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IRS offers tax relief to victims of Hurricane Florence

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The Internal Revenue Service has extended deadlines for victims of Hurricane Florence victims in parts of North Carolina and elsewhere.

Taxpayers now have until Jan. 31, 2019, to file certain individual and business tax returns and make certain tax payments, the IRS said Saturday. As of Monday morning, the deadly storm had killed at least 17 people, and is still doing damage as it moves across the Carolinas and up the East Coast, with the city of Wilmington effectively cut off as its main roads remain impassable.

The IRS is providing the relief to any area designated by the Federal Emergency Management Agency as one that qualifies for individual assistance. As of Saturday, that only included parts of North Carolina, but taxpayers in other areas added later to the disaster area, including those in other states, will automatically receive the same filing and payment relief.

People who live in or own a business in Beaufort, Brunswick, Carteret, Craven, New Hanover, Onslow, Pamlico and Pender Counties can qualify for relief, and more counties may be added. The current list of eligible places is available on the IRS disaster relief page.

The tax relief provided by the IRS delays several tax filing and payment deadlines, starting Sept. 7, 2018, in North Carolina. As a result, affected individuals and businesses will get until Jan. 31, 2019, to file their returns and pay any taxes that were originally due during this period.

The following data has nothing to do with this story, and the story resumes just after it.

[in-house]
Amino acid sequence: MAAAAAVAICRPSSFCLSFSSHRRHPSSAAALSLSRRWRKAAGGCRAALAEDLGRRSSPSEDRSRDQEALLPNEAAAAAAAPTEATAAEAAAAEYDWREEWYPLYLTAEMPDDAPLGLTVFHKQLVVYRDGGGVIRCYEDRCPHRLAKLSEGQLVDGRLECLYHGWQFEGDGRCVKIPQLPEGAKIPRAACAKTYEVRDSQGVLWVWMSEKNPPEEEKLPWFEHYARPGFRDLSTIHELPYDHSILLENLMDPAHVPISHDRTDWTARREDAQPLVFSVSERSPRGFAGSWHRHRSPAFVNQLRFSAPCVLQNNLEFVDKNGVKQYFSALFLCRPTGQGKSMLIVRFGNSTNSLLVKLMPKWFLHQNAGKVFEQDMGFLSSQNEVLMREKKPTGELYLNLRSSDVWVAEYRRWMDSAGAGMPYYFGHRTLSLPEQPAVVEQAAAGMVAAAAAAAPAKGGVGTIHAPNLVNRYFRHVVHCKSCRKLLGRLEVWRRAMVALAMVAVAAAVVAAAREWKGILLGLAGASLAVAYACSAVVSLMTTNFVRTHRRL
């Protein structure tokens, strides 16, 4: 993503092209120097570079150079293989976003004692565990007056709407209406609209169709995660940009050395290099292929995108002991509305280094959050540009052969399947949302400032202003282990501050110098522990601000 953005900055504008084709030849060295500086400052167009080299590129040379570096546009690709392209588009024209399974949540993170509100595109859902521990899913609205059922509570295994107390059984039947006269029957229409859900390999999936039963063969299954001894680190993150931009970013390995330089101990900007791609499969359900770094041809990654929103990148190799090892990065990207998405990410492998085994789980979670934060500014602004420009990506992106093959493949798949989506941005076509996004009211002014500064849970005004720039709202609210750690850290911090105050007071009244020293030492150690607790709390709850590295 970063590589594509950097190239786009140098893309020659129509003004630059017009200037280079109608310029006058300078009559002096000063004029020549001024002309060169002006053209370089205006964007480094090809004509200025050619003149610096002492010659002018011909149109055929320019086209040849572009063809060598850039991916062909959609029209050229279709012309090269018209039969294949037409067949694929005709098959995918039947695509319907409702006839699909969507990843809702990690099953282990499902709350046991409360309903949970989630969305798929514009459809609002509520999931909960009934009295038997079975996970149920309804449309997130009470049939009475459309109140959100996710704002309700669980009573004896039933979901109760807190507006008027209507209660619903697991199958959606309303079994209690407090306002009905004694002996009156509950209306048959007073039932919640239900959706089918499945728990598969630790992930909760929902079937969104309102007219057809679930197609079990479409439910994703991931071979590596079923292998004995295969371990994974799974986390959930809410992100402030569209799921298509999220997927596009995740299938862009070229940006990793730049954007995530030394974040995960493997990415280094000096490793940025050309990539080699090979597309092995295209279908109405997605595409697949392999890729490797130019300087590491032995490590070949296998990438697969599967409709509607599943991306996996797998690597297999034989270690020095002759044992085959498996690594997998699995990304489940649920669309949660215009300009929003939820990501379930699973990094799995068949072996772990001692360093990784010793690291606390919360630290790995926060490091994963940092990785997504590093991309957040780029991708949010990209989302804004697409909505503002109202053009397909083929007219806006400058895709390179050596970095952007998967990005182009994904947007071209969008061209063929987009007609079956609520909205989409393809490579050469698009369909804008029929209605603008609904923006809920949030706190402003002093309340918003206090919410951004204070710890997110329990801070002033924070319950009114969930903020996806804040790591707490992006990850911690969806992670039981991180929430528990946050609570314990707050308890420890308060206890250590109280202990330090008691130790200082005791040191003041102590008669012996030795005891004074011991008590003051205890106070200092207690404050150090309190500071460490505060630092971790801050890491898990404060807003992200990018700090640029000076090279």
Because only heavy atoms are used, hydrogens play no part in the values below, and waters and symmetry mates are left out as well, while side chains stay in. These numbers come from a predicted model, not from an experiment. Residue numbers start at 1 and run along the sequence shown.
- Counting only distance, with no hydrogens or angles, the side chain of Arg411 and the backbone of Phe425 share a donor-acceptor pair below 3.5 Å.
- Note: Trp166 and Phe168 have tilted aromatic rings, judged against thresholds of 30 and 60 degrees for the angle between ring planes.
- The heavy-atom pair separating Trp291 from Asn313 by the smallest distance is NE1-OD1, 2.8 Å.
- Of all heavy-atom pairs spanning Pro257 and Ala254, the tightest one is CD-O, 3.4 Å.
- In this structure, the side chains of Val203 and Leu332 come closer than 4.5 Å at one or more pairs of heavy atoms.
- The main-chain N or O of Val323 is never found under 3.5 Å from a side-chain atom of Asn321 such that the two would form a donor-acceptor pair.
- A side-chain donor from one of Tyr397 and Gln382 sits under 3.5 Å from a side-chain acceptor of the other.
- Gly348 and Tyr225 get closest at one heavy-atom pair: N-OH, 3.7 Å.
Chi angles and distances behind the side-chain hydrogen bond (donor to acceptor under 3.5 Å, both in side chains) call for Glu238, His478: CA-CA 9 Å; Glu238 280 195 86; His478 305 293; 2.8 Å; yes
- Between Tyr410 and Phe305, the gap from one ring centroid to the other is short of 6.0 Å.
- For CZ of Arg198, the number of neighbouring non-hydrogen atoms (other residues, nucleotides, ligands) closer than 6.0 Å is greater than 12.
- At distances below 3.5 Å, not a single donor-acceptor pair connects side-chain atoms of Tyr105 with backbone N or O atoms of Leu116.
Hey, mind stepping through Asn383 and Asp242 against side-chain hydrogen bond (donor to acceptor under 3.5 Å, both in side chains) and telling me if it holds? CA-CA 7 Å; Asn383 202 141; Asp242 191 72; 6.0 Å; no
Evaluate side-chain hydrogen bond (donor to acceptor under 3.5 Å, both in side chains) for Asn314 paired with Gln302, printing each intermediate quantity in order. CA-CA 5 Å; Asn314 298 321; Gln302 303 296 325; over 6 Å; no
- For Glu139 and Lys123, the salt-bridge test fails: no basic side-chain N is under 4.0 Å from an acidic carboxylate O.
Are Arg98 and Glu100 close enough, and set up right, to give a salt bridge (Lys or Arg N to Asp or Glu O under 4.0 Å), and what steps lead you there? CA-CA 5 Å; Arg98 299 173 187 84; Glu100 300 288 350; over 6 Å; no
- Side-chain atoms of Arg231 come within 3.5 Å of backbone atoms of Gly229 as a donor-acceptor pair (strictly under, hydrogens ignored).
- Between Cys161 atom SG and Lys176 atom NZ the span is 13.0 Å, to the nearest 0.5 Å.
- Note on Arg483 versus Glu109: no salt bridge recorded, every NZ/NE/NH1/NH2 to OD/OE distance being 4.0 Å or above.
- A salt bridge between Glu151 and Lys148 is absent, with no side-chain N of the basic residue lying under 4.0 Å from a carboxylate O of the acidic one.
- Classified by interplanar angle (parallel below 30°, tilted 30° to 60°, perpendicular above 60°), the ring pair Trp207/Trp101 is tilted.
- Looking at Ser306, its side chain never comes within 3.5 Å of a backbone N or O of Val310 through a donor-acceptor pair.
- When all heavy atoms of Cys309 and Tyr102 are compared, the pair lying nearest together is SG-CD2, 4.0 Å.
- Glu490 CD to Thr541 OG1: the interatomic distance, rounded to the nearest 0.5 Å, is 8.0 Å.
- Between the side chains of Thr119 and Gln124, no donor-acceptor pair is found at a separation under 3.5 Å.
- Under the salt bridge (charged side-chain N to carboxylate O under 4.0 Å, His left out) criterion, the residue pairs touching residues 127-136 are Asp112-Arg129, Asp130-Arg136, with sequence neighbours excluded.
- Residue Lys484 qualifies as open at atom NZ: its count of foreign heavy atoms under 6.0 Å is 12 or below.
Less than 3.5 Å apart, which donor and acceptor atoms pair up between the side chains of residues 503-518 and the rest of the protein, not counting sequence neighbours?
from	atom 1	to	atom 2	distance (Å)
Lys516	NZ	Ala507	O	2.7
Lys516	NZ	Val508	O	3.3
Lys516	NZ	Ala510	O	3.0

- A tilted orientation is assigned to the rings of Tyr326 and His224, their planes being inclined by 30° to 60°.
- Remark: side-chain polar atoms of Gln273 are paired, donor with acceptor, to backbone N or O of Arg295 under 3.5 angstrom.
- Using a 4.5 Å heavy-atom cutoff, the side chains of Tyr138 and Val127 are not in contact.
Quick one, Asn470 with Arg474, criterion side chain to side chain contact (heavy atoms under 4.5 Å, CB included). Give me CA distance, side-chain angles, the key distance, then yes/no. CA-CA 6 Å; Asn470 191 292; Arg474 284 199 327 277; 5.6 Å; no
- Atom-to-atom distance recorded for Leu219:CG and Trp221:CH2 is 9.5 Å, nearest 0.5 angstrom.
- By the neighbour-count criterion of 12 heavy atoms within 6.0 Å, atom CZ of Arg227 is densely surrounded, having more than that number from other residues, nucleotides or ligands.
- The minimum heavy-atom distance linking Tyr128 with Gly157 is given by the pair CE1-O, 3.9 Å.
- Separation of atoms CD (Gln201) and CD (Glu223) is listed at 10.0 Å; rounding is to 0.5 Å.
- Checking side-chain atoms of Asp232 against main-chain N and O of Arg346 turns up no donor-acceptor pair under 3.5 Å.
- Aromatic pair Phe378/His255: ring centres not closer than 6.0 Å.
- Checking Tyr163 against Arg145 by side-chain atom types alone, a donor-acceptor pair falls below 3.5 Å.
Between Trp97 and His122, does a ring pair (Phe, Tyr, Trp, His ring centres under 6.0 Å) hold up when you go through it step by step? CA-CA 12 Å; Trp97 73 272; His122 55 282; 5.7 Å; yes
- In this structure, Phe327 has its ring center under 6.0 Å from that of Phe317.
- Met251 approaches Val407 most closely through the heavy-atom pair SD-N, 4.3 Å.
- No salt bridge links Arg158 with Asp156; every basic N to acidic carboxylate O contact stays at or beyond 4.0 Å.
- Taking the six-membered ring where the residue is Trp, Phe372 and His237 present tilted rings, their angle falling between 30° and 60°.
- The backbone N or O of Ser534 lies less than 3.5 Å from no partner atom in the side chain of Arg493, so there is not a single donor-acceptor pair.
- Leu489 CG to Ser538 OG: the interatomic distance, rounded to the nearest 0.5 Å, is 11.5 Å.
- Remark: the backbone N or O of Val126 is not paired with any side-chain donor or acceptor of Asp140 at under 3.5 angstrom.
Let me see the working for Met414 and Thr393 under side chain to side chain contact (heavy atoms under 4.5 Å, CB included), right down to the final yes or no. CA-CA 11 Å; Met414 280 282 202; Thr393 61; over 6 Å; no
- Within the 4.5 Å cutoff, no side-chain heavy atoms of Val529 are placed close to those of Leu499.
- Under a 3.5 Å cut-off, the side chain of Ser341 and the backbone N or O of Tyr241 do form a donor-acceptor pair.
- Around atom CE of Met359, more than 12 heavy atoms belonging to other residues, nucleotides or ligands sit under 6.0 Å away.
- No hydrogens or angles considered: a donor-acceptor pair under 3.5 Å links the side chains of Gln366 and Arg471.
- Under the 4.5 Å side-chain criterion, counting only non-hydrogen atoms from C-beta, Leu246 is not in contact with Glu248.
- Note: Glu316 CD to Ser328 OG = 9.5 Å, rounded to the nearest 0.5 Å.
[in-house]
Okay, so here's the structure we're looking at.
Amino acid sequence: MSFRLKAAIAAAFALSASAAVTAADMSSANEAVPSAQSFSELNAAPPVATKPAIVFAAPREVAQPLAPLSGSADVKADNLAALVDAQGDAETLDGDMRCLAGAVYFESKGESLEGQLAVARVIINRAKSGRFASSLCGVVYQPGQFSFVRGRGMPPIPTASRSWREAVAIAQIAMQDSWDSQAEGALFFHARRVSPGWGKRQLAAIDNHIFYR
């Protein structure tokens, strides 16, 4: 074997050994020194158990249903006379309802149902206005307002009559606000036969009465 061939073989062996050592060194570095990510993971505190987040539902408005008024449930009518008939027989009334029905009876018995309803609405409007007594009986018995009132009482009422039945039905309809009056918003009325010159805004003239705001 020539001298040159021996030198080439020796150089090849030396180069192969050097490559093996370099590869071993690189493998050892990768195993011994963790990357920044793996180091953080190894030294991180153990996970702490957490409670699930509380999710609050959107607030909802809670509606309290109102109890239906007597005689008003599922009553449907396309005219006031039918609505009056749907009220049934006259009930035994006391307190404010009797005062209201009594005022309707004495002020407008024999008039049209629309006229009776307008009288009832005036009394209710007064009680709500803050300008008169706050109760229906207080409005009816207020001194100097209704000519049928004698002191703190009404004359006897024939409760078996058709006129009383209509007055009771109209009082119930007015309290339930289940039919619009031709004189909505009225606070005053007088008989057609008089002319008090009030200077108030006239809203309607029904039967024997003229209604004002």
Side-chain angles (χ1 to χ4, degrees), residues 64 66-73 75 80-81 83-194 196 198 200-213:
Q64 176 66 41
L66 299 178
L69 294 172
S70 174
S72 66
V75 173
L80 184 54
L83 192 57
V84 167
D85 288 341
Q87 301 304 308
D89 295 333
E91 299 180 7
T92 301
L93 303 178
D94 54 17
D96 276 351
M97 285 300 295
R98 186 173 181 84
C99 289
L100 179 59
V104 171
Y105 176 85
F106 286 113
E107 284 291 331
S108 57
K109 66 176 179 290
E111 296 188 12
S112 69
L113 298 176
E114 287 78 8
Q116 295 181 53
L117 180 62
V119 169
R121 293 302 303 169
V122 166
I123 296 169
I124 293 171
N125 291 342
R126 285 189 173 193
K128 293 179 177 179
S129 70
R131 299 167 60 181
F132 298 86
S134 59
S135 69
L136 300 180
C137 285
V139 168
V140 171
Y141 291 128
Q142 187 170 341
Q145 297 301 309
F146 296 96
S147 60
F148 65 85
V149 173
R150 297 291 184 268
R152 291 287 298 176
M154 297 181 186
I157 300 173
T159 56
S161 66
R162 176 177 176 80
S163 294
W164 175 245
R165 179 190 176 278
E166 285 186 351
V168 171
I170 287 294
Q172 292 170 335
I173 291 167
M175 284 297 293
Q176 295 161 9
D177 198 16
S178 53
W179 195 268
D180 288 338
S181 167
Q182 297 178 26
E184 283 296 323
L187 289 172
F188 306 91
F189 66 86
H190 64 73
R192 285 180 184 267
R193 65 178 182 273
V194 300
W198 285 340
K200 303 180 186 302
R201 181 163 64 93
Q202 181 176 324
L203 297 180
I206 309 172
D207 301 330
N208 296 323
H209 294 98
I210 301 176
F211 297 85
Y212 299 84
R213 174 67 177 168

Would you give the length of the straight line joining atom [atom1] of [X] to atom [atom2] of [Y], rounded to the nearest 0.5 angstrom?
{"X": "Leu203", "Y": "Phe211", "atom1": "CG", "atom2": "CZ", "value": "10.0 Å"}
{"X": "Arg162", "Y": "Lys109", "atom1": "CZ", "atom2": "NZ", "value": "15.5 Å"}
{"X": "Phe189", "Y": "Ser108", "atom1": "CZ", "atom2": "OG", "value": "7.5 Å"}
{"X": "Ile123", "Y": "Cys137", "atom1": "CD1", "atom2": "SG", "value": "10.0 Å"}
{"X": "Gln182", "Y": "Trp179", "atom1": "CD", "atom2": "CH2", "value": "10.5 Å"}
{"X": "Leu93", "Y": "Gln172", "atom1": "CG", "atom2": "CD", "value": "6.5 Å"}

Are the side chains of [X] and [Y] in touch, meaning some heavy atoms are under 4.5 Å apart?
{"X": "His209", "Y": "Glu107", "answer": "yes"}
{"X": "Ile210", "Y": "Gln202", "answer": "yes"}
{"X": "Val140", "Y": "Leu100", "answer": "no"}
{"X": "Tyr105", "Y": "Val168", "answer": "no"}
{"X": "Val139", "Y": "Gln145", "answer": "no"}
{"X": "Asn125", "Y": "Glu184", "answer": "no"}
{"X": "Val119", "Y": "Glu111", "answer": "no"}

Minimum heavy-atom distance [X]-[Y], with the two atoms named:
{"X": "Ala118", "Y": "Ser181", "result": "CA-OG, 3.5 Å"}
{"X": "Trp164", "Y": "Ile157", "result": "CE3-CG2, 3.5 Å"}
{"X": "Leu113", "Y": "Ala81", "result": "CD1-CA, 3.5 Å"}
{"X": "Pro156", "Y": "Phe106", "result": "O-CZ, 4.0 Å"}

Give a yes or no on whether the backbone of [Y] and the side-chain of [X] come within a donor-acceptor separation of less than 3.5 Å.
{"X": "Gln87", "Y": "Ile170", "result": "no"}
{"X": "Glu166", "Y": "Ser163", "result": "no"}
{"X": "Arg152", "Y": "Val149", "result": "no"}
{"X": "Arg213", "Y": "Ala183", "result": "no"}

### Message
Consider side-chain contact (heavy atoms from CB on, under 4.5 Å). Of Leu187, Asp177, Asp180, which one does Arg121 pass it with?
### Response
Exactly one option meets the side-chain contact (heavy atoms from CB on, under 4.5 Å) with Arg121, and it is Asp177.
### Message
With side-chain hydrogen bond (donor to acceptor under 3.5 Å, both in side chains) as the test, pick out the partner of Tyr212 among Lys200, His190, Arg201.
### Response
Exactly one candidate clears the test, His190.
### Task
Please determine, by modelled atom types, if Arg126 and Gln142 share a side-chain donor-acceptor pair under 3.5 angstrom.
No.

That includes quarterly estimated income tax payments due on Sept. 17, 2018, along with quarterly payroll and excise tax returns typically due Sept. 30, 2018. Businesses with extensions also get extra time including, among others, calendar-year partnerships whose 2017 extensions run out on Sept. 17, 2018. Taxpayers who had a valid extension to file their 2017 return by Oct. 15, 2018 will also have more time to file.

Along with that, the IRS said penalties on payroll and excise tax deposits due on or after Sept. 7, 2018, and before Sept. 24, 2018, will be abated as long as the deposits are made by Sept. 24, 2018.

The IRS disaster relief page offers details on other returns, payments and tax-related actions that qualify for the extra time.

The IRS automatically offers filing and penalty relief to any taxpayer with an IRS address of record located in the disaster area. That means taxpayers don't need to contact the IRS to get relief. However, if an affected taxpayer gets a late filing or late payment penalty notice from the IRS that has an original or extended filing, payment or deposit due date that falls within the postponement period, the taxpayer should call the number on the notice to get the penalty abated.

Furthermore, the IRS said it will work with any taxpayer who lives outside the disaster area but whose records needed to meet a deadline happening during the postponement period and are located in the affected area. Taxpayers qualifying for relief who live outside the disaster area should contact the IRS at (866) 562-5227. That also includes workers helping with the relief activities who are affiliated with a recognized government or philanthropic organization.

Individuals and businesses in a federally declared disaster area who suffered uninsured or unreimbursed disaster-related losses can opt to claim them on either the tax return for the year the loss occurred (in this case, the 2018 return normally filed next year), or the return for the prior year (2017). More details are available in Publication 547.

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Tax relief Disaster recovery Natural disasters Tax returns IRS